WASHINGTON — Latest restrictions on abortion access would burden the economy, Treasury Secretary Janet Yellen warned Tuesday.
“Eliminating the suitable of girls to make decisions about when and whether to have children would have very damaging effects on the economy and would set women back a long time,” Yellen testified in front of the Senate Banking Committee.
A leaked draft opinion from the Supreme Court revealed last week that the justices are poised to overturn Roe v. Wade, the landmark 1973 precedent that legalized abortion nationwide. The court confirmed the authenticity of the opinion but said it’s not final.
Yellen’s testimony offered a reminder that overturning Roe would have massive consequences for people’s lives — and, by extension, the U.S. economy.
“Roe v. Wade and access to reproductive health care, including abortion, helped result in increased labor force participation and enabled many ladies to complete school. That increased their earning potential,” Yellen said in response to an issue from Sen. Robert Menendez (D-N.J.). “It allowed women to plan and balance their families and careers. And research also shows that it has a positive impact on the well-being and earnings of youngsters.”
“One aspect of the satisfying life is with the ability to feel that you will have the financial resources to boost a baby, that the youngsters you bring into the world are wanted, and you will have the power to care for them.”
– Treasury Secretary Janet Yellen
If the court ultimately does abandon its precedents on abortion, it could upset the course of midterm elections that Republicans have been heavily favored to win.
If finalized, the court’s opinion wouldn’t itself ban abortion, however it would allow states to accomplish that. Twenty-six Republican-led states are certain or prone to outlaw abortion if the court overturns Roe, based on the Guttmacher Institute, including 13 states which have “trigger” laws designed to take effect as soon because the court allows. Abortion would remain legal in other states.
“There are various research studies which have been done over time taking a look at the economic impacts of access, or lack thereof, to abortion,” Yellen said. “It makes clear that denying women access to abortion increases their odds of living in poverty or need for public assistance.”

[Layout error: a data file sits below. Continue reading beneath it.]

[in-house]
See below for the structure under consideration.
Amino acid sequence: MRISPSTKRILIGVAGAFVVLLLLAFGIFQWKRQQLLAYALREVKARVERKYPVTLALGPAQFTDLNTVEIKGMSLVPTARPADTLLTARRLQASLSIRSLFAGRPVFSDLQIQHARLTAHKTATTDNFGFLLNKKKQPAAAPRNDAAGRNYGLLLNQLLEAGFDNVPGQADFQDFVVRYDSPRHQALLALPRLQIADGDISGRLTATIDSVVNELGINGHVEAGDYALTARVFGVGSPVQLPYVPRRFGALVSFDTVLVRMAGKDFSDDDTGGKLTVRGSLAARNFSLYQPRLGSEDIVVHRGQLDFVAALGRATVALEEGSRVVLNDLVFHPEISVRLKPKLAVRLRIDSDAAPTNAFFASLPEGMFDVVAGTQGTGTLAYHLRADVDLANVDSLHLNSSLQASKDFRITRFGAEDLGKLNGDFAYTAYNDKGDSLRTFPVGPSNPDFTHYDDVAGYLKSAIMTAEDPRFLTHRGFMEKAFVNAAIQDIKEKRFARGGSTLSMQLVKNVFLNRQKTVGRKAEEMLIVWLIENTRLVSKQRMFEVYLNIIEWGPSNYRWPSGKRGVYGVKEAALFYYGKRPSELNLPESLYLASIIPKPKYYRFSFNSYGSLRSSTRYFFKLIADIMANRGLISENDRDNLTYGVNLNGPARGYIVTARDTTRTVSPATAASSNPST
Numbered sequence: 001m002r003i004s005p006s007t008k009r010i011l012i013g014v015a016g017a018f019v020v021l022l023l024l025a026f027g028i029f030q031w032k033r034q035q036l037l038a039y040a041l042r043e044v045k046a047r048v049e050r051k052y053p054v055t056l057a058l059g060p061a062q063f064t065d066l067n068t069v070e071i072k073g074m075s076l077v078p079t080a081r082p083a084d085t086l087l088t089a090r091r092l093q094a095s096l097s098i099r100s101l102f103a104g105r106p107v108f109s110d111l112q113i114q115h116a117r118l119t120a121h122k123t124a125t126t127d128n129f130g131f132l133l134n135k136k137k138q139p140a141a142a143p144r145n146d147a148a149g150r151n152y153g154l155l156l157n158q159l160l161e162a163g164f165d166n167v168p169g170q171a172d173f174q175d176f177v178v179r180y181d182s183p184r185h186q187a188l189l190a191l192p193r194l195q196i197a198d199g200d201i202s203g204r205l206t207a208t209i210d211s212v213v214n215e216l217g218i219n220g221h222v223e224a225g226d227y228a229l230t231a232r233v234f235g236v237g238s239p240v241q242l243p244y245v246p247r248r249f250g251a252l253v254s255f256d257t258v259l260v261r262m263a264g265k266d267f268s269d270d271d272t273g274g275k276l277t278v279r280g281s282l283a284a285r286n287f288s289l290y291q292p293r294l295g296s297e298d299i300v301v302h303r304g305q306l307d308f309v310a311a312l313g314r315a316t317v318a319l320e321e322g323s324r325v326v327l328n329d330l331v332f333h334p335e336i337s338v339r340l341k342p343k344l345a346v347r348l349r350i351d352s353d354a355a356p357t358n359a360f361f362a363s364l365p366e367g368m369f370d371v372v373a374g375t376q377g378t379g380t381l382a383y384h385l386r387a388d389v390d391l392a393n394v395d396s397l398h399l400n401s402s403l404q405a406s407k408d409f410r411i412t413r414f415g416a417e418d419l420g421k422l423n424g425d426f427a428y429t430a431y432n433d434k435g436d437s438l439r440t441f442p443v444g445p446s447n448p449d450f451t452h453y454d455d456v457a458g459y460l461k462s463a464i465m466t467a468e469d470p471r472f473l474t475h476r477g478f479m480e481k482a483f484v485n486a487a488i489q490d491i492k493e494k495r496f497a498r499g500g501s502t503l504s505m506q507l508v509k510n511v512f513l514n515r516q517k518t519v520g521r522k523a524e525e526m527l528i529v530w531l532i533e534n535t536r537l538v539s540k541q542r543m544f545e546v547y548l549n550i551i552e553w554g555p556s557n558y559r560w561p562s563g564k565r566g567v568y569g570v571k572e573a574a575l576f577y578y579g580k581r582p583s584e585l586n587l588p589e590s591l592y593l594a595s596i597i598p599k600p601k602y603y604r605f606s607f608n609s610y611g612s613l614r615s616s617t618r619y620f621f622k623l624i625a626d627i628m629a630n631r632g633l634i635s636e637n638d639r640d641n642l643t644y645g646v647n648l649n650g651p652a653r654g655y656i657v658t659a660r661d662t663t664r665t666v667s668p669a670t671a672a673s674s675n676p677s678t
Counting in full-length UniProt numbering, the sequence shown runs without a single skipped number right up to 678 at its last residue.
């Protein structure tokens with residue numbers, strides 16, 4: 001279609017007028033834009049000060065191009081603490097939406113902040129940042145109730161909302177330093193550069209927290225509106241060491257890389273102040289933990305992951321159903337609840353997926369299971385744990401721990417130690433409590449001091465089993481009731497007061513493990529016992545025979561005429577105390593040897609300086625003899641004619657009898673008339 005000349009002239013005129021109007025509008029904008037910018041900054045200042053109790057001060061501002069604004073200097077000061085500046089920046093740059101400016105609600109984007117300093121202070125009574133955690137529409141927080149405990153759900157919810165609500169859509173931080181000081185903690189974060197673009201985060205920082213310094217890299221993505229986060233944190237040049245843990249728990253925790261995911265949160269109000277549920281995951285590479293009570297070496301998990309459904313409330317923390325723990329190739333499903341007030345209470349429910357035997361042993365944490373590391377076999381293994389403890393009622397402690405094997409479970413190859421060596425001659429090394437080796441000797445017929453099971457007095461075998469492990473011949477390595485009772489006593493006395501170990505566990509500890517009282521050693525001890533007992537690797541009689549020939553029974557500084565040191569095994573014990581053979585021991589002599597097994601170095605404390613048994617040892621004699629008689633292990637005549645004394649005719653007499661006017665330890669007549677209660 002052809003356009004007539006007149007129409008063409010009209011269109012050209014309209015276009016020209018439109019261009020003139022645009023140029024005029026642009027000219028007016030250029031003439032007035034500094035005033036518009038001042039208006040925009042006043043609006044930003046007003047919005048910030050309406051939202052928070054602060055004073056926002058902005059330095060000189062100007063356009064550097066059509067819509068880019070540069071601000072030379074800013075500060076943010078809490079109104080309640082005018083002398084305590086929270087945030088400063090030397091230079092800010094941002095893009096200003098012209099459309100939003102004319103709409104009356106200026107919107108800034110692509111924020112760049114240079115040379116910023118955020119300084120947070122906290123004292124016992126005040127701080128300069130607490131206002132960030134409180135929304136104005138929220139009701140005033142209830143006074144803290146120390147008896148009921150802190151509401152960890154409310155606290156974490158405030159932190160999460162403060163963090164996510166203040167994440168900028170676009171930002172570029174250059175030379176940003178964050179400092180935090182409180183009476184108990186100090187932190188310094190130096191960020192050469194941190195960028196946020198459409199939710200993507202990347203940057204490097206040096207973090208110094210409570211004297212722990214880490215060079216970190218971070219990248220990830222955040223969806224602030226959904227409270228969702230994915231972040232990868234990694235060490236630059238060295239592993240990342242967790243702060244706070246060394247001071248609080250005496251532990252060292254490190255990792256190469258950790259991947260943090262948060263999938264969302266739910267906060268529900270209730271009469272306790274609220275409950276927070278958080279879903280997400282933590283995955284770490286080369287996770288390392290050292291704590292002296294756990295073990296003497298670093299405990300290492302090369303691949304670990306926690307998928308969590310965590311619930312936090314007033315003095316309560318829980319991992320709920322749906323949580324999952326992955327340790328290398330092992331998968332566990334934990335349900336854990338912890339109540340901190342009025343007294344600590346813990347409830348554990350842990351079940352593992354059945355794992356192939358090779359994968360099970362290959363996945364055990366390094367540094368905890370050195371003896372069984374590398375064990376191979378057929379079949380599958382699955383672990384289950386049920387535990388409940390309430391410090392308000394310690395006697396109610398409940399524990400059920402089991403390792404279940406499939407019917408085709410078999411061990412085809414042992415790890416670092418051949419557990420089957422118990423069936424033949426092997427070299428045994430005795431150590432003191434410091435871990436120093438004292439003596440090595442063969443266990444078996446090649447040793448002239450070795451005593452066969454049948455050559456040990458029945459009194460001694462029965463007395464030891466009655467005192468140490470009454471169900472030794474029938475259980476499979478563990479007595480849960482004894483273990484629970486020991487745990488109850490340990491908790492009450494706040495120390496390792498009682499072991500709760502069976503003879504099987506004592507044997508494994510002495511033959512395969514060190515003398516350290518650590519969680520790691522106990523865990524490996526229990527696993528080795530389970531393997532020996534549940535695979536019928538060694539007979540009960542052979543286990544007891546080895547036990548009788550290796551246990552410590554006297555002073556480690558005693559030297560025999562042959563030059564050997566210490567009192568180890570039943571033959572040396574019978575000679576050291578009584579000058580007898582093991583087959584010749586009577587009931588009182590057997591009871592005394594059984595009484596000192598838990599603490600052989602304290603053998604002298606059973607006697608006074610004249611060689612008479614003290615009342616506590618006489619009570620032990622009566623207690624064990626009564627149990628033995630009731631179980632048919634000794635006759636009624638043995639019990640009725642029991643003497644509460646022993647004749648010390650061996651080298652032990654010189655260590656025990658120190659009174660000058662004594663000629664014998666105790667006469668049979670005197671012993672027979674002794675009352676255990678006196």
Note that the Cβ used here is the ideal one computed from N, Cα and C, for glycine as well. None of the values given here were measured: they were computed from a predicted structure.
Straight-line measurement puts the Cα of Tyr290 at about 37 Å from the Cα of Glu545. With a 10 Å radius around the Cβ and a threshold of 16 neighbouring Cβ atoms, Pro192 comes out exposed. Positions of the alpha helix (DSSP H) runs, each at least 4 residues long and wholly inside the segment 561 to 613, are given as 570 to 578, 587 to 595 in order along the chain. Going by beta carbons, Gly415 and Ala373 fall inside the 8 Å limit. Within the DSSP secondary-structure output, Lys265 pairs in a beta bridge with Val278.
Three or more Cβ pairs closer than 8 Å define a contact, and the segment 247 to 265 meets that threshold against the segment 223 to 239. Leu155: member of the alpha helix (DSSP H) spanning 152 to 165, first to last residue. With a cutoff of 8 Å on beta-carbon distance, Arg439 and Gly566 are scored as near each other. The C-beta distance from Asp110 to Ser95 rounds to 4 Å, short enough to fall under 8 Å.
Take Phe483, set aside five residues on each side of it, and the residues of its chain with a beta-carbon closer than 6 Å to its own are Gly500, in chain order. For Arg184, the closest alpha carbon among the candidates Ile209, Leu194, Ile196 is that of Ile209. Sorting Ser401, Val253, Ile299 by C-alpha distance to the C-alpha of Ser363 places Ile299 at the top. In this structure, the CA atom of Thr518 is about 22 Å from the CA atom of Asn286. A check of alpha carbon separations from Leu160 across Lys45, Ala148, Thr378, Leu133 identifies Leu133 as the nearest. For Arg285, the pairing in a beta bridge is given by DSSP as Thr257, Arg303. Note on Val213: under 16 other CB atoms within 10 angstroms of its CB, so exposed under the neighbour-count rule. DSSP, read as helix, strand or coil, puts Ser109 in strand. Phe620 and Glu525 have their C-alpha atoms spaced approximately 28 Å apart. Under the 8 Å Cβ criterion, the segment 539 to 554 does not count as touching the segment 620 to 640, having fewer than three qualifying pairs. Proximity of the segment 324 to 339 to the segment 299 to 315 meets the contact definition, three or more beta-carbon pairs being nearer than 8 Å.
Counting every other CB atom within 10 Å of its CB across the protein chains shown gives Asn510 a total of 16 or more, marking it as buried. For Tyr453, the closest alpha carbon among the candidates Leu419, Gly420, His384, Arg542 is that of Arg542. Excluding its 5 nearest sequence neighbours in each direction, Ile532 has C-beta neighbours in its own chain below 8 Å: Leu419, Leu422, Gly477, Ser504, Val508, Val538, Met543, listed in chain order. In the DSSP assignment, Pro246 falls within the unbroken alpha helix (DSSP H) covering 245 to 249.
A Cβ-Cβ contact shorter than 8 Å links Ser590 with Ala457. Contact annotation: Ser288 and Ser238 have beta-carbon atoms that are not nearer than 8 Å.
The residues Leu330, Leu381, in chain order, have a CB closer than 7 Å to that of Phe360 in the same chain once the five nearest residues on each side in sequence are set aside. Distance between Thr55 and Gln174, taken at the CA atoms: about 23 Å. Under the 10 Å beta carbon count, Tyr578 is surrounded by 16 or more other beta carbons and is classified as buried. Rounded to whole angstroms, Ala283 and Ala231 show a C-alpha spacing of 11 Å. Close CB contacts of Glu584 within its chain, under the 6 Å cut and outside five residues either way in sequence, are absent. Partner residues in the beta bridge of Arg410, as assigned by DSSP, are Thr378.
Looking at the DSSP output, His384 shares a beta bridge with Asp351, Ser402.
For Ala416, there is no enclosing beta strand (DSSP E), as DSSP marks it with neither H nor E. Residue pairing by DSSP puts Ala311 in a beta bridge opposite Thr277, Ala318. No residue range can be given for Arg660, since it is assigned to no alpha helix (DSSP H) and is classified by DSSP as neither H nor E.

A 2021 study by the Institute for Women’s Policy Research, as an example, found that abortion restrictions subtract $105 billion annually from the economy “by reducing women’s labor force participation and earnings and increasing turnover and time without work from work amongst women ages 15 to 44 years.” Overall gross domestic product is greater than $24 trillion.
Participating within the labor force means working or in search of work. The gap in participation between ladies and men narrowed dramatically in the course of the twentieth century, but gains for girls slowed in the course of the Nineteen Nineties. Participation rates for moms of young children are lower than overall rates for staff between the ages of 25 and 54.
Sen. Tim Scott (R-S.C.) said he found Yellen’s comments troubling.
“I feel people can disagree on the problem of being pro-life or pro-abortion, but ultimately, I feel framing it within the context of labor force participation — it just feels callous to me,” Scott said.
Yellen responded that she didn’t mean to sound harsh, but that reduced labor force participation is the spillover effect from not allowing women to manage their bodies.
“What we’re talking about is whether or not or not women may have the power to manage their reproductive situation in ways that may enable them to plan lives which are fulfilling and satisfying for them,” she said. “And one aspect of the satisfying life is with the ability to feel that you will have the financial resources to boost a baby, that the youngsters you bring into the world are wanted, and you will have the power to care for them.”